*	A new test should be given in high school to assess students'
readiness to do college-level work or enter the job market. 



Commission urges tracking of teacher progress

WASHINGTON (AP) -- An updated No Child Left Behind law should track the
progress of teachers as well as students, a special commission said Tuesday.

The private commission said schools should be required to measure how well
teachers are doing at raising student test scores -- one of 75
recommendations in a report meant to guide Congress as it prepares to
rewrite the 5-year-old law this year. The idea came under immediate attack
from the nation's largest teachers union.

Teachers should be evaluated annually based on progress in the test scores
of their students, the panel said. Reviews by colleagues or school
principals also would be part of the equation for determining teacher

If a teacher has trouble showing student progress or getting good reviews
after two years, that teacher would begin to get professional development.
If that doesn't lead to a turnaround, then after seven years the teacher
would be prevented from teaching in a school that receives federal poverty

The current law, which requires testing in reading and math in grades three
through eight and once in high school, does not measure the effectiveness of
individual teachers. It does require teachers to be certified, have a
bachelor's degree and knowledge of their subjects.

"We believe that teachers should have the opportunity to demonstrate their
effectiveness in the classroom," former Georgia Democratic Gov. Roy Barnes
said at a news conference. He and Republican Tommy Thompson, a former
governor of Wisconsin, led the commission set up by the Aspen Institute, a
nonpartisan think tank.

But Joel Packer, a lobbyist for the National Education Association, the
largest teachers union, called the idea ill-conceived.

He said it would further encourage teachers to "teach to a test," a common
complaint levied against the law, rather than ensuring students receive a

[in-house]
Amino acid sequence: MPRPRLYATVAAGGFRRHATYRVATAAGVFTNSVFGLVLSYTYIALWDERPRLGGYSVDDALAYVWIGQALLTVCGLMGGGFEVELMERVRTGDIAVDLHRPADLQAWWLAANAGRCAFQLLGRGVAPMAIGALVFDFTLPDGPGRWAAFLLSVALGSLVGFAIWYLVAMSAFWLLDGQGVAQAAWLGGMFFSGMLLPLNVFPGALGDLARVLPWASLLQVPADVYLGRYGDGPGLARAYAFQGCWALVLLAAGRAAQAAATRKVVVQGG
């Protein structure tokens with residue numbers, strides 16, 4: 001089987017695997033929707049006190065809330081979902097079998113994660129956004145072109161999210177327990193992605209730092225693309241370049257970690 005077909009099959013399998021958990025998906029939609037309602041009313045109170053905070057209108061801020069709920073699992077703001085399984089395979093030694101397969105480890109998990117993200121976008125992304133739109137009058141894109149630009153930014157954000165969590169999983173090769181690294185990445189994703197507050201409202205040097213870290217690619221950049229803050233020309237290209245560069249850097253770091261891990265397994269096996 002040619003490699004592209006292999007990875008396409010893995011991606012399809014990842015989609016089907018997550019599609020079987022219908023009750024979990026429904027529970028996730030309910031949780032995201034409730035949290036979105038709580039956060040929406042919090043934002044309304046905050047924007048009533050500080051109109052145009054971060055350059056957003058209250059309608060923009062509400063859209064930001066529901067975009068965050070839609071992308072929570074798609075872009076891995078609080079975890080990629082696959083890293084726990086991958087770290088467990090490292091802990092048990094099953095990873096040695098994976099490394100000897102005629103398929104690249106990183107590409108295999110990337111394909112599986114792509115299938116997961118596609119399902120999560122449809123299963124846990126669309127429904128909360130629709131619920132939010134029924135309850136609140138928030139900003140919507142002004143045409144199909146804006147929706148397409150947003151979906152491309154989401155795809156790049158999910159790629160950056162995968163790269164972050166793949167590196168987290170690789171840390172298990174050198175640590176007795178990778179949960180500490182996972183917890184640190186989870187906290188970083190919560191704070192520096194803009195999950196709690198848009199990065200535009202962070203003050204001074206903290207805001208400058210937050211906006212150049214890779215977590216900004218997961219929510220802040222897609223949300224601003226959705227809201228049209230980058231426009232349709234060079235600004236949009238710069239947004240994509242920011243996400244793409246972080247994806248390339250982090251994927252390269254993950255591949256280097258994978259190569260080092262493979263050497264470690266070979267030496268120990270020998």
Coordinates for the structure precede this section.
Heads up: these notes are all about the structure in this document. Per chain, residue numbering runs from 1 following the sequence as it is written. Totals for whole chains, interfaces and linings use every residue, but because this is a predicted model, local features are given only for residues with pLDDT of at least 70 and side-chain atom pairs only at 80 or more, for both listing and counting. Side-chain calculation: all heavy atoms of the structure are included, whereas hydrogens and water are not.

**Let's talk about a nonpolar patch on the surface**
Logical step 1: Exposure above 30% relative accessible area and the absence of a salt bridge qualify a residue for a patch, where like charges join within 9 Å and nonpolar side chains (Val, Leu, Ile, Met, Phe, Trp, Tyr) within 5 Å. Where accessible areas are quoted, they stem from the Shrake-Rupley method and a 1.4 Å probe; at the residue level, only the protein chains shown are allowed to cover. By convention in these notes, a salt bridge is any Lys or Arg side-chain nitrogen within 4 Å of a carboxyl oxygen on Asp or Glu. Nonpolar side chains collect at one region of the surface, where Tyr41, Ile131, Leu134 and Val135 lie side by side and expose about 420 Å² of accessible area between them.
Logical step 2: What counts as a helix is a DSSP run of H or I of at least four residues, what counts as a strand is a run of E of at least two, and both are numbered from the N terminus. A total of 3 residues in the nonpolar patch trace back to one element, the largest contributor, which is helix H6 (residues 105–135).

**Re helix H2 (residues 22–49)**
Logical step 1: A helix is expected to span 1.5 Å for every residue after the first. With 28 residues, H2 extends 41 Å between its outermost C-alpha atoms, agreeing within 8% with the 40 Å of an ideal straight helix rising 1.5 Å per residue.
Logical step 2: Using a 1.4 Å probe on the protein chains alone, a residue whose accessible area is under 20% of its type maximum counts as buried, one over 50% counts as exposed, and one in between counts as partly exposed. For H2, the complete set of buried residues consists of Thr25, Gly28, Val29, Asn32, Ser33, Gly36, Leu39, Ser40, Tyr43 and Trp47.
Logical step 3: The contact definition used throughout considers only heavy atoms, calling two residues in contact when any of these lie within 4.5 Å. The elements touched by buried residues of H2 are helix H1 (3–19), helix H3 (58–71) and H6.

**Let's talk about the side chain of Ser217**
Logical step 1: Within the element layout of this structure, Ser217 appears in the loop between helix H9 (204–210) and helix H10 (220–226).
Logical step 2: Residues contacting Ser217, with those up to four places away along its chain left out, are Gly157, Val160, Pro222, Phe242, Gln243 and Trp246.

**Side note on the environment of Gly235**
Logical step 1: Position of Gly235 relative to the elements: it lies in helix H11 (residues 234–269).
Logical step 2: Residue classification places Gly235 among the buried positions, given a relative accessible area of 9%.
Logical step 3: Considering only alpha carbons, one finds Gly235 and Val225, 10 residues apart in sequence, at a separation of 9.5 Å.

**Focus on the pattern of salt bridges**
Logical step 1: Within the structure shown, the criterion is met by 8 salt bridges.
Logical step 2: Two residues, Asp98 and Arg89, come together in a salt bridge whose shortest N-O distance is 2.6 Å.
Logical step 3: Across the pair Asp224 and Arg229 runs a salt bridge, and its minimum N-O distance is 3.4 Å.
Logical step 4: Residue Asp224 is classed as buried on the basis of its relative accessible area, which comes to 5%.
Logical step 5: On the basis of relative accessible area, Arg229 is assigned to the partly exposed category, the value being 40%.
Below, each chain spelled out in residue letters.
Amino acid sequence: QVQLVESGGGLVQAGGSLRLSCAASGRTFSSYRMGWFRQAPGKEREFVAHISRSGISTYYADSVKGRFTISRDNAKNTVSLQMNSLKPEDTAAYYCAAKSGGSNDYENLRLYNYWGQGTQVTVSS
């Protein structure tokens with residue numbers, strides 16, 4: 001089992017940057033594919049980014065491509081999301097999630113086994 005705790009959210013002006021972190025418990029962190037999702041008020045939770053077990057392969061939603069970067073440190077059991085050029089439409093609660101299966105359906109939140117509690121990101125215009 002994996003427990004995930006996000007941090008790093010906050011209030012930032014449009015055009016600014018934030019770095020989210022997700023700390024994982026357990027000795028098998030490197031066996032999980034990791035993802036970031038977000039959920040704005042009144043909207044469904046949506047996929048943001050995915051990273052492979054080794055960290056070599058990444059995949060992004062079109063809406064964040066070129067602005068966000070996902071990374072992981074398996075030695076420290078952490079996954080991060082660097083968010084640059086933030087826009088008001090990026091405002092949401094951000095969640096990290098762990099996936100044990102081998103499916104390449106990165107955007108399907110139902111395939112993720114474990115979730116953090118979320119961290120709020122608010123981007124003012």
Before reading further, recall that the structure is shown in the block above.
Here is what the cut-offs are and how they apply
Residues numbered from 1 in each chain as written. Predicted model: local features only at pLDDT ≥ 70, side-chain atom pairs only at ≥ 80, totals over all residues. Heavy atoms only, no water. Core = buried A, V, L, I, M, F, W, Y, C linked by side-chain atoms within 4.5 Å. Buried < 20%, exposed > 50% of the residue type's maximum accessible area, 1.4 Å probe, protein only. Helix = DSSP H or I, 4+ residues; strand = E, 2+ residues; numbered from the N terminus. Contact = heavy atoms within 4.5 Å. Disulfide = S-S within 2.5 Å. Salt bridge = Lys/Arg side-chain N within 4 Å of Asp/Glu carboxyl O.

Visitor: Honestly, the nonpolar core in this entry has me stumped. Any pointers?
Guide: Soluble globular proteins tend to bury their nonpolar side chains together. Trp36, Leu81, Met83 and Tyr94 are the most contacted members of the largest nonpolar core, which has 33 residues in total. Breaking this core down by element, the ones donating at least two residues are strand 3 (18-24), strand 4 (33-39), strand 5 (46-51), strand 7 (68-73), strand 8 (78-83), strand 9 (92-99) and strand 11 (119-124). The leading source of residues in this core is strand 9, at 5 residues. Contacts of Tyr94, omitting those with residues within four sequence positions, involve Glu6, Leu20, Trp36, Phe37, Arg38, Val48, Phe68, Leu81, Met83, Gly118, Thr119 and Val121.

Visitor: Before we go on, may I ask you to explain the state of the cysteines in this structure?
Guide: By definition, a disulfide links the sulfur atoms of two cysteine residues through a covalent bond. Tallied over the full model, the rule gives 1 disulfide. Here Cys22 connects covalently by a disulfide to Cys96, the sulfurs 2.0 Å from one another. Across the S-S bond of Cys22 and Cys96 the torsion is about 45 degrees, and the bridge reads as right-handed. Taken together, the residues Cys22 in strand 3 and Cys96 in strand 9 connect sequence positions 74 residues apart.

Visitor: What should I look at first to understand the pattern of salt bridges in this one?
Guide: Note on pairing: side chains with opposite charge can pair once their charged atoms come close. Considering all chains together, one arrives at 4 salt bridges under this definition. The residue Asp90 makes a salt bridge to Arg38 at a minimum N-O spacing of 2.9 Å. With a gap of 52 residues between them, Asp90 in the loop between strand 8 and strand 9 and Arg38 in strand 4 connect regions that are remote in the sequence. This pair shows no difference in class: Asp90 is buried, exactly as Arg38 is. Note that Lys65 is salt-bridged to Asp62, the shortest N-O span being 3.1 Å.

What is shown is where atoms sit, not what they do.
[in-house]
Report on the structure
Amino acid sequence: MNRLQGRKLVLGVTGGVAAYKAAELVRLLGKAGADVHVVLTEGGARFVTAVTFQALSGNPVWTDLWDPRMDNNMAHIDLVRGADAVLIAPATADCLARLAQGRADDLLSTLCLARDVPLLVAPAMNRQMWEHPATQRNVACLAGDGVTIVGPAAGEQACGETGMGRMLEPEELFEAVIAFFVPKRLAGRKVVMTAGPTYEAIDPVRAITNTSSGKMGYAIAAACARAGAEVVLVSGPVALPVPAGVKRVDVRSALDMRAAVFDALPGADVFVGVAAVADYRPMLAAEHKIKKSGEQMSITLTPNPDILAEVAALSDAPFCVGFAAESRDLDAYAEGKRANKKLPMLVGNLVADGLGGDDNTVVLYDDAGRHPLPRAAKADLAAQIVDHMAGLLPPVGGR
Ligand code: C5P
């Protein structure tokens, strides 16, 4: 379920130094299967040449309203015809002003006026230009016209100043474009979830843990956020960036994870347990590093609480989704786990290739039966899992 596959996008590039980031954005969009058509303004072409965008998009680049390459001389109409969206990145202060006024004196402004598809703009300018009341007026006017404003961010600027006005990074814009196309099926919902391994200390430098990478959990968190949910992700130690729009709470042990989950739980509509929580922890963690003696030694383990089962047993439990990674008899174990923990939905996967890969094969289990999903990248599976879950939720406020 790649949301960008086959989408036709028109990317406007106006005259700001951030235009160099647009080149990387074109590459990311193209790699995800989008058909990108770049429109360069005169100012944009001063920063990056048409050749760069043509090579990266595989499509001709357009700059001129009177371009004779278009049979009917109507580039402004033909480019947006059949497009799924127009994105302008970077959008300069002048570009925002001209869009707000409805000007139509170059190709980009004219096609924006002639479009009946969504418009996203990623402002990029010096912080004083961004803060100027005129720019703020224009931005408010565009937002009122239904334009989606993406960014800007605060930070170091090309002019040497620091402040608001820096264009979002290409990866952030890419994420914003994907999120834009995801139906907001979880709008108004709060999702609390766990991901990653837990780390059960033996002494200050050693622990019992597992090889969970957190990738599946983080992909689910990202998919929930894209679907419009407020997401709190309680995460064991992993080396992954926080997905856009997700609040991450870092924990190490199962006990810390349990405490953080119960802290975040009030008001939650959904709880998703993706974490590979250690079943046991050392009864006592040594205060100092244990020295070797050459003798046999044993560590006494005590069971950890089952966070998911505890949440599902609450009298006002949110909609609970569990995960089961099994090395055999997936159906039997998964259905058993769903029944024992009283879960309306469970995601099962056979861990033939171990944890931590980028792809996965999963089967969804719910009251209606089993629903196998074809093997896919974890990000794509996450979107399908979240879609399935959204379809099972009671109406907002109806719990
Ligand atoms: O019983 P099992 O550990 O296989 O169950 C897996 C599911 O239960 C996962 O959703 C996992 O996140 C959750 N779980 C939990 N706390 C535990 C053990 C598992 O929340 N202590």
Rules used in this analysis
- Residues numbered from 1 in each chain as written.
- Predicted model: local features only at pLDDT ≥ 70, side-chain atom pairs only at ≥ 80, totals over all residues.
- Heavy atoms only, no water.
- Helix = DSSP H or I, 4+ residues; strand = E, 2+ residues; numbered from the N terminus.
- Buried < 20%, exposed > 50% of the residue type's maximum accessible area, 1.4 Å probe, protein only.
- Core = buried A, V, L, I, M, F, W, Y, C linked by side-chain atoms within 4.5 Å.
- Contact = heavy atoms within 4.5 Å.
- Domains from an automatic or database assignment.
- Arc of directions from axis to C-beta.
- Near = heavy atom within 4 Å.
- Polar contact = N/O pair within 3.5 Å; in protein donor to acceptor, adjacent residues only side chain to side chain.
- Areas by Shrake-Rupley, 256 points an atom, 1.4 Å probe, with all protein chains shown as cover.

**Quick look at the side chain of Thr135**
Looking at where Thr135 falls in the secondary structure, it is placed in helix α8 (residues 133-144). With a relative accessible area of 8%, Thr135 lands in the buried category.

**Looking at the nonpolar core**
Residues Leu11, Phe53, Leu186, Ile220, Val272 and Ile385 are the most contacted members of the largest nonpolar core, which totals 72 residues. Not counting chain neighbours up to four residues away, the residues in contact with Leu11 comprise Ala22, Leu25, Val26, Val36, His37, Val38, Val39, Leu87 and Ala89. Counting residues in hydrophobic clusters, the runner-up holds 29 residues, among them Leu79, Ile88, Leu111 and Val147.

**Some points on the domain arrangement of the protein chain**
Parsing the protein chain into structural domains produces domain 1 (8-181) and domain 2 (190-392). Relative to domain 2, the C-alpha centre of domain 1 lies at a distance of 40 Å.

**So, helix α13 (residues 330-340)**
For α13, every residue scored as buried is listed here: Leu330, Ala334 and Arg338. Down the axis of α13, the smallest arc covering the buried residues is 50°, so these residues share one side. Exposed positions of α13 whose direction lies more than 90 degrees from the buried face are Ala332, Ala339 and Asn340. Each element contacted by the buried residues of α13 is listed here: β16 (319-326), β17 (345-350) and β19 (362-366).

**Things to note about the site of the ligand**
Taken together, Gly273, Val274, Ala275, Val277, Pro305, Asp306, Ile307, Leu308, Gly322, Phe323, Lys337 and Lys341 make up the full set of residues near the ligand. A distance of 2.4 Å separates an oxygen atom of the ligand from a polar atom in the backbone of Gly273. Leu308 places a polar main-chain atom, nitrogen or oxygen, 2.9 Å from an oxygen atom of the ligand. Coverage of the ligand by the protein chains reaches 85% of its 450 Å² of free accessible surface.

deep understanding of the subjects taught.

Schools currently must meet yearly progress goals under No Child Left
Behind. If schools miss those marks, they can be labeled as needing
improvement and may face consequences.

However, the report calls the current system of measuring progress "a fairly
blunt instrument" and recommended giving schools credit for making strides,
even if they fall short of a specific goal.

The report also recommends closing a loophole under the law that has allowed
states to set aside the scores of specific groups of students.

States have a lot of flexibility in determining how large those set-aside
scores should be, and an Associated Press review last year found that nearly
2 million students were not being counted when schools reported yearly
progress by racial groups.

The commission also is calling for changes in the way some special education
students are assessed. Currently about 10 percent of students are given
alternate tests and measured against benchmarks that are different from
those used to assess general education students.

The report recommends allowing an additional 10 percent of special education
students to also be judged against different benchmarks.

The commission's report also said:

*	Schools should be judged by how well students do on science tests,
as well as math and reading exams. 
*	A new test should be given in high school to assess students'
readiness to do college-level work or enter the job market. 
*	The federal government should create national standards and national
tests and create an incentive for states to use those. 

The commission members were joined at the news conference by key lawmakers,
including Massachusetts Democrat Edward Kennedy, who chairs the Senate
committee expected to rewrite the education law.

"Many of their recommendations are going to see life," Kennedy said of the

Copyright 2007 The Associated <>
Press. All rights reserved. This material may not be published, broadcast,
rewritten, or redistributed.






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